Since my wife, Nancy, started working outside the home, it’s not uncommon for me to find a “honey do” list on the table after she heads off to work.
A couple of weeks ago my list consisted of four items. Recently, however, the chore list consisted of just one thing, but it was a dandy – paint the high areas on the front of the house.
My bride and I have vastly different attitudes when it comes to painting. To Nancy, it’s a task that can be embraced, provided one has the right attitude. To me, painting ranks only slightly lower than cleaning up puke, washing out dirty diapers and putting on a coat of primer.
Earlier this summer, our daughter, Anna, was given the task of repainting our porch swing. She got to pick out the color – a green so bright it keeps neighbors awake at night. However, before she could start painting, the swing had to be scraped and primed.
Because my 17-year-old shares my appreciation for tasks that require a paint can and brush, she decided to ease her pain by having a friend or two over to help prime. By the time their fun was over, some of the white primer was on the gray deck of our porch.
One day recently, when the high was only going to creep into the 70s, Nancy announced that her morning chore that day was to repaint the porch. When I asked if she was going to seek assistance from the individual who helped make the mess, Nancy looked at me as if I’d grown a third eye.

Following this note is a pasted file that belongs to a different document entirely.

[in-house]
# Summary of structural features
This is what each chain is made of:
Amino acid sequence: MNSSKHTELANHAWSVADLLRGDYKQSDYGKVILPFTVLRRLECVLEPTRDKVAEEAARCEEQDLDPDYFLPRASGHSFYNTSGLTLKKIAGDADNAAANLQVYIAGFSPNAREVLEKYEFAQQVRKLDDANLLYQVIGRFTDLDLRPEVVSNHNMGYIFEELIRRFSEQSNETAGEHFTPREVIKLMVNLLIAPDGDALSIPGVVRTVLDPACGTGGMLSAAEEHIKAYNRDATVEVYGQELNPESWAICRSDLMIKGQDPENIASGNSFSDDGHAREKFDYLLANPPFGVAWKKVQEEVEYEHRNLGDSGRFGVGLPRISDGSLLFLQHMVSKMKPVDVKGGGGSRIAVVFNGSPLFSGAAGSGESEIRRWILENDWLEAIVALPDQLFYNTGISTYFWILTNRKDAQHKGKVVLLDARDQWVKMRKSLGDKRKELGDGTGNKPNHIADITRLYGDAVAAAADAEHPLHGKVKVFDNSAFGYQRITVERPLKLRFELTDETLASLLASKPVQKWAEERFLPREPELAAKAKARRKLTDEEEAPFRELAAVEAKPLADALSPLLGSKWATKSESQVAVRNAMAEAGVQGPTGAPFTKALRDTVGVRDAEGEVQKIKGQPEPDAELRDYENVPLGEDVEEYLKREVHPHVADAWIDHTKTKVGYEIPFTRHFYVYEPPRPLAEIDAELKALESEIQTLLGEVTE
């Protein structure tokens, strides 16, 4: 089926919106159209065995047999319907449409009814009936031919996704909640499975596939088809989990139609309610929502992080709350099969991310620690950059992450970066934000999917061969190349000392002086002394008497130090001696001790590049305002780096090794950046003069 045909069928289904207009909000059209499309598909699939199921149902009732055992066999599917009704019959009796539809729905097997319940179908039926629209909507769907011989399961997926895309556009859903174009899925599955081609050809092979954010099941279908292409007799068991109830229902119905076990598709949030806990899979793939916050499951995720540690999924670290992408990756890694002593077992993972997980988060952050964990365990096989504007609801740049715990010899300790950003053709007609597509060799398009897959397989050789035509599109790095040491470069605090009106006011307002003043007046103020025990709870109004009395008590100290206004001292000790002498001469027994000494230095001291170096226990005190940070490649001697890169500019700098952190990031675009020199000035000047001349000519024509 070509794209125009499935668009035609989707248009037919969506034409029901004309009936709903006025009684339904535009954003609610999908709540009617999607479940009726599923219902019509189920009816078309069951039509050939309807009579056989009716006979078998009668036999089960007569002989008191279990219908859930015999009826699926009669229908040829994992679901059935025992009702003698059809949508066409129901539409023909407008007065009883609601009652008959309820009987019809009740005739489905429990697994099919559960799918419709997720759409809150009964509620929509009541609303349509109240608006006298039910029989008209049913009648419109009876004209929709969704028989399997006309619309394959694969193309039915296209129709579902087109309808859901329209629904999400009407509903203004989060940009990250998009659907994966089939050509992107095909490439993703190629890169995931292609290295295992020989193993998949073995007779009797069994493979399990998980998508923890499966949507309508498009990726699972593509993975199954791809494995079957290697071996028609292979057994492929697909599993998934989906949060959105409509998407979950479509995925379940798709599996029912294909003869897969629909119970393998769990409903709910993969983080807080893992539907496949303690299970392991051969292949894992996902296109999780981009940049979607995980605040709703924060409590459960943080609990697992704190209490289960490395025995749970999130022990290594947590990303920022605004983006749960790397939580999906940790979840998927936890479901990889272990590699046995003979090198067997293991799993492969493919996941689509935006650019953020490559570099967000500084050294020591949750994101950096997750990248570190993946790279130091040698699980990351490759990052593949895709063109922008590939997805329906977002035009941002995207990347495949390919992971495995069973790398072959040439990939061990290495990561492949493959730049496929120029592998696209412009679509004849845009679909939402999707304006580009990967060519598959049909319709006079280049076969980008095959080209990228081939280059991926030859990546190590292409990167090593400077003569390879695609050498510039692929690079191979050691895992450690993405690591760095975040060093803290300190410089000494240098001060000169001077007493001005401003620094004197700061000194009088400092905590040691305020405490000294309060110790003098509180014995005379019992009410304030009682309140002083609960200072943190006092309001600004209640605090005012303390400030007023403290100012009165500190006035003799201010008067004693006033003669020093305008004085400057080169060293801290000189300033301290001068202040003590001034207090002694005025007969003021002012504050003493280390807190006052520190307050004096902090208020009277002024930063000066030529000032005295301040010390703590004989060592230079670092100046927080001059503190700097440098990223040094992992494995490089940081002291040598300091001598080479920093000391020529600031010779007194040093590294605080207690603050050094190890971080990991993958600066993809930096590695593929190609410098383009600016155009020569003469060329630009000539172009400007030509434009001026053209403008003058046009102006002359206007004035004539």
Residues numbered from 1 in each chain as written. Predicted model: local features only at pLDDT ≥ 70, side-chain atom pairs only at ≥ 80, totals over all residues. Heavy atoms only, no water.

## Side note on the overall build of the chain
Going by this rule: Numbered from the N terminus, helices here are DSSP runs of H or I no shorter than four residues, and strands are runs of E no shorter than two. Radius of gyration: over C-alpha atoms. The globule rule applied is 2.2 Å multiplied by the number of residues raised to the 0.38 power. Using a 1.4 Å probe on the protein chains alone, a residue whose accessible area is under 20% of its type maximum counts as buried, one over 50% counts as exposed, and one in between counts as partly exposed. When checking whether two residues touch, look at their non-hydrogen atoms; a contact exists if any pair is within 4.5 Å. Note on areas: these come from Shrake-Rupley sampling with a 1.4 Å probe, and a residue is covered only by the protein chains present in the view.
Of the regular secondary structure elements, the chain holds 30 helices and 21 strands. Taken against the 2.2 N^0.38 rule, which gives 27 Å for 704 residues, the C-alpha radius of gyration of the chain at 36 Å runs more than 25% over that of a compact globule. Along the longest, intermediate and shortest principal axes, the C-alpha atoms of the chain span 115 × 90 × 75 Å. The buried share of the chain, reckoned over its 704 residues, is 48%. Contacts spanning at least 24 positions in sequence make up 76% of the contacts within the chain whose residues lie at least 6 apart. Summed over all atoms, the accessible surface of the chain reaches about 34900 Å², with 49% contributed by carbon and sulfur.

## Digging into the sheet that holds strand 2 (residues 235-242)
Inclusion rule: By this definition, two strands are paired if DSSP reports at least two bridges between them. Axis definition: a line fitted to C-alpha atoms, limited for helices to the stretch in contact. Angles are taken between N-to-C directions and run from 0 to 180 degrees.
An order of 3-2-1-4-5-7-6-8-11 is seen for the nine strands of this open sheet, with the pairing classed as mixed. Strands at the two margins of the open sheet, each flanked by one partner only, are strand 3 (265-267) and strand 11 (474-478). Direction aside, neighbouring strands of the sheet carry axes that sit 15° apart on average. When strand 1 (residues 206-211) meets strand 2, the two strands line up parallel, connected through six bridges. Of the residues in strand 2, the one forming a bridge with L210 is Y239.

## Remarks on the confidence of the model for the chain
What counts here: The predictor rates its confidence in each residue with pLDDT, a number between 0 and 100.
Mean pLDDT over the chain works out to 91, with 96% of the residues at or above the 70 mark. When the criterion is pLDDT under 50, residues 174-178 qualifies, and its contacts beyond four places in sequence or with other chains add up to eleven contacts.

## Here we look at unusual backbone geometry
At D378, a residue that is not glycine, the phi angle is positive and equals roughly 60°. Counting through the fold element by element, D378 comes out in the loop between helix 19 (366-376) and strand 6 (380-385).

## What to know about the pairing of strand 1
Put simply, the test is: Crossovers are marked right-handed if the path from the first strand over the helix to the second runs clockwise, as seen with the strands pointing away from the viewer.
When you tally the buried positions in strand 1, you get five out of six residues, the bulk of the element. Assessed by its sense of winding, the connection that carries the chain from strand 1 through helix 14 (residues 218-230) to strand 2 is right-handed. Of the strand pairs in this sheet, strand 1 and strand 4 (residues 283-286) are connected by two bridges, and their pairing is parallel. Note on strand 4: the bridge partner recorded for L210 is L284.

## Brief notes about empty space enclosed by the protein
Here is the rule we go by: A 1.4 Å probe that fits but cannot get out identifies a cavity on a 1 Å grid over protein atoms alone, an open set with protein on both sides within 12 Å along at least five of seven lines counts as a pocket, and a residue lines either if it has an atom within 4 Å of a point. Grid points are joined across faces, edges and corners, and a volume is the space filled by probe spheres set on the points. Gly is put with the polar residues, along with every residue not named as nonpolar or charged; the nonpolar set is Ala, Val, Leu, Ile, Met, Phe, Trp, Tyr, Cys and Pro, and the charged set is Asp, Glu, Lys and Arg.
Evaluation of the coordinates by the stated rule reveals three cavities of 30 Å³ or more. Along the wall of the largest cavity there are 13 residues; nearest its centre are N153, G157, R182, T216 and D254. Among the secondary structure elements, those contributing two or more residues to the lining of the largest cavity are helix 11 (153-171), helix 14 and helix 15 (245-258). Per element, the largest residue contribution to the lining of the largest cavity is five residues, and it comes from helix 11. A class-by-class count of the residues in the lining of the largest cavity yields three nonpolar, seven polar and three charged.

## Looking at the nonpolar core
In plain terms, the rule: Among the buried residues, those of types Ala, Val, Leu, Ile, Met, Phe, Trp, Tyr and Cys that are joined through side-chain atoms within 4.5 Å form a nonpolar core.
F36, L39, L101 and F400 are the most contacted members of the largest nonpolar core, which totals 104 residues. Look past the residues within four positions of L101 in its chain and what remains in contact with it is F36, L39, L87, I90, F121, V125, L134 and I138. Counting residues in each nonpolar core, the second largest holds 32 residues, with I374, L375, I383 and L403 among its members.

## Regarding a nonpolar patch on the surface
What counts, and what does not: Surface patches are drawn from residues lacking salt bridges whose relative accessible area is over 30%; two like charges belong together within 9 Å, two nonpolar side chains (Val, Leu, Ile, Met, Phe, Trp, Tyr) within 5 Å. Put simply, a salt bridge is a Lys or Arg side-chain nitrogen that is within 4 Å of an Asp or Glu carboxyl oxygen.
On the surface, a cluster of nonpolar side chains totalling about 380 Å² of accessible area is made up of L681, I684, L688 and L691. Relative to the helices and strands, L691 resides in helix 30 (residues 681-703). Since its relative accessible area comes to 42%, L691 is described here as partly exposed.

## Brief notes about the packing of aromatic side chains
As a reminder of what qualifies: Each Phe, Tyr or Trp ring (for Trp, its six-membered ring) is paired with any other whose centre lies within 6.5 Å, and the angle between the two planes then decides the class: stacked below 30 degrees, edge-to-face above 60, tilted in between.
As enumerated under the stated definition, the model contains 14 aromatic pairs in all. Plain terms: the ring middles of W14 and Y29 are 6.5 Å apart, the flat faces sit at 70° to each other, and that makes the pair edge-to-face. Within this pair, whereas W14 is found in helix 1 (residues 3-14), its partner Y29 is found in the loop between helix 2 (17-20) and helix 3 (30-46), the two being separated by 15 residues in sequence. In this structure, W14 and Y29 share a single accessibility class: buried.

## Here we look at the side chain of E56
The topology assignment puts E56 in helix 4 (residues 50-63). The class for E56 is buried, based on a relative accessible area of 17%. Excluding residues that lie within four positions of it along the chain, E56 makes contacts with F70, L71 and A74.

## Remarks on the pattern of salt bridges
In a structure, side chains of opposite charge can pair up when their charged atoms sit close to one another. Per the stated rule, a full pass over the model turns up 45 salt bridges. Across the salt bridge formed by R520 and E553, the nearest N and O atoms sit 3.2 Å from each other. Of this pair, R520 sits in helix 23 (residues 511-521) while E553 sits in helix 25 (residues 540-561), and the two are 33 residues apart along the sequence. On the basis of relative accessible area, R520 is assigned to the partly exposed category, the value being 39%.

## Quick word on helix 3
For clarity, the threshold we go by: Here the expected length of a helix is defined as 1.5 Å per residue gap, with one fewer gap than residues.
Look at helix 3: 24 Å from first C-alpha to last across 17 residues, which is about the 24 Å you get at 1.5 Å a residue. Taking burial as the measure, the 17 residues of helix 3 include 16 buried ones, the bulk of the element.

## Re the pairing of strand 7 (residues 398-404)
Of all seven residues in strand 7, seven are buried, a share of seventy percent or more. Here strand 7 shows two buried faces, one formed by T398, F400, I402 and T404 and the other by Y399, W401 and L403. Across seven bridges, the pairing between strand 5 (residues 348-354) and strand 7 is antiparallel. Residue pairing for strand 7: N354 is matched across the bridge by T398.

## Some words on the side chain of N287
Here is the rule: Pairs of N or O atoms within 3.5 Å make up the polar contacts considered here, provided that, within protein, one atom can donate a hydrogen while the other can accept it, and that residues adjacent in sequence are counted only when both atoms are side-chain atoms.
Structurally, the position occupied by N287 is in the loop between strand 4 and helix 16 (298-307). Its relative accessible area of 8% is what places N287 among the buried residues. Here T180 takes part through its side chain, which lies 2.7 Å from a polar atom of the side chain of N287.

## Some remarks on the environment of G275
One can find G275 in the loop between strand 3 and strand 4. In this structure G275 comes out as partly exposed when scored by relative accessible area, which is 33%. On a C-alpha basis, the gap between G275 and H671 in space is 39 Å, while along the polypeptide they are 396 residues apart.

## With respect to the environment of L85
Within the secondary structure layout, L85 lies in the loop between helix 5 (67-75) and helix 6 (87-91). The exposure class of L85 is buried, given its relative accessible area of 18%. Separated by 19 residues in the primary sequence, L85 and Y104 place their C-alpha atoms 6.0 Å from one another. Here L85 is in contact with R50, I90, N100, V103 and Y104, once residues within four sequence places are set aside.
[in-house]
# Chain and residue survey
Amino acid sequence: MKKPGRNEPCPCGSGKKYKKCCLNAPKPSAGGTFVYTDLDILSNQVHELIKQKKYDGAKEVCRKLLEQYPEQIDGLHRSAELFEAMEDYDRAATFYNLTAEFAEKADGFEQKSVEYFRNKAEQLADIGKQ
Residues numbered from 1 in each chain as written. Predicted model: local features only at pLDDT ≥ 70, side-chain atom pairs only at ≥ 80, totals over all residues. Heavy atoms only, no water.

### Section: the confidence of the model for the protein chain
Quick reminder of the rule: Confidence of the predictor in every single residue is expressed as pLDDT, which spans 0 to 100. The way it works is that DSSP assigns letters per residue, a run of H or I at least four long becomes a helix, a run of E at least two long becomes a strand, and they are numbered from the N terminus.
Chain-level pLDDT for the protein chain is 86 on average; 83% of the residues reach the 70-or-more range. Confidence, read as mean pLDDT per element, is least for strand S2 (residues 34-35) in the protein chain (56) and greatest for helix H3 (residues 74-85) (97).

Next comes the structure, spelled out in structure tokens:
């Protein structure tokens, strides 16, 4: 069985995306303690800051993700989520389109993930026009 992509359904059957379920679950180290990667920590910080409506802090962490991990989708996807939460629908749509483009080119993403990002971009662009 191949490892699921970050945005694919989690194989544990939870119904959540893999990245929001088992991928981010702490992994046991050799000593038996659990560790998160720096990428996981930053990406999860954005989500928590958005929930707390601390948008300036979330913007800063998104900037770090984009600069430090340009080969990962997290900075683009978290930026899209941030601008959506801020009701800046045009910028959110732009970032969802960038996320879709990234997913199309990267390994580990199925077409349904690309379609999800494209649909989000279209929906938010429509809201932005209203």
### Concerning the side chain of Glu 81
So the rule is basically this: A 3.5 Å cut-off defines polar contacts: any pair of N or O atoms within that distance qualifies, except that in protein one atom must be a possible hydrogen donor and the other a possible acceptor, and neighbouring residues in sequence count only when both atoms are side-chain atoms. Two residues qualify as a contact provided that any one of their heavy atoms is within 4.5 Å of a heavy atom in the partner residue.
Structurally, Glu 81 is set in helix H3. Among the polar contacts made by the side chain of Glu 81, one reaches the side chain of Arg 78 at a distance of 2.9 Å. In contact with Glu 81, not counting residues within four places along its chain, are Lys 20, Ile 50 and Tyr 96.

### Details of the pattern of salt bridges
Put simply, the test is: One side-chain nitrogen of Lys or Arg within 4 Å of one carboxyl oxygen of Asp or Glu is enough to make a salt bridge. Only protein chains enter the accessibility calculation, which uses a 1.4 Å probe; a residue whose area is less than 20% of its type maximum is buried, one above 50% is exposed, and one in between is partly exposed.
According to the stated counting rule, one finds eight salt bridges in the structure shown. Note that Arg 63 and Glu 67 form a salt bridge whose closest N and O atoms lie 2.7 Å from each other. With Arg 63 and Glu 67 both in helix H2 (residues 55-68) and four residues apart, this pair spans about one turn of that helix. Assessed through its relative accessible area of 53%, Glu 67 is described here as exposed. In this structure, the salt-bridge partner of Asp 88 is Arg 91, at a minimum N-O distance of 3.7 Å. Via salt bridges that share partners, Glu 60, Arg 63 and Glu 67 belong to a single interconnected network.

As is normally the case, my bride’s logic was sound. Why wake up a sleeping teen-ager to help and then be forced to listen to moaning and groaning for the next two to three hours, when she could enjoy the serenity of doing the chore herself?
A few hours later when Nancy called, she sounded like she had spent the morning at a spa.
“It was so restful,” she all but cooed, explaining that the morning’s only challenge was convincing a wayward butterfly not to land on the wet paint.
In contrast to my bride, I’d been running through my repertoire of excuses for weeks to avoid painting:
It’s too hot.
It’s too cool.
It might rain.
It’s too dry.
It’s too bright.
It’s too cloudy.
Finally, with my list pretty much exhausted, and a day in the 70s forecast, I dug out my painting shoes and clothes, and went to work.
Page 2 of 2 - The chore went along fairly well at the outset. My only distraction once I reached the roof of the porch was when a honey bee landed beside me. He eventually moved on and I regained my focus.
I hoped to follow Anna’s example and recruit some help. I told my neighbor I’d be happy to find another brush, but her response was “thanks, but no thanks.”
I thought about recruiting a teen-ager who walked by my house, but since he was already using one hand to hold his pants up, I didn’t figure he’d be able to hold a paint brush and can in another. Besides my budget for the project was nil.
Even though the temperature was pleasant for late July, I was working in the sun. It wasn’t long before sitting on the shingles became a bit uncomfortable. Standing and painting turned into a challenge after the sole of one of my old tennis shoes all but came off.
While I contemplated adding a new excuse –wardrobe malfunction – to my list of reasons for not painting, since I was in the home stretch I decided to push on after finding some other footwear.
As I wrapped up painting on the east side of the house, a morale-busting thought came to mind: One side down and three to go.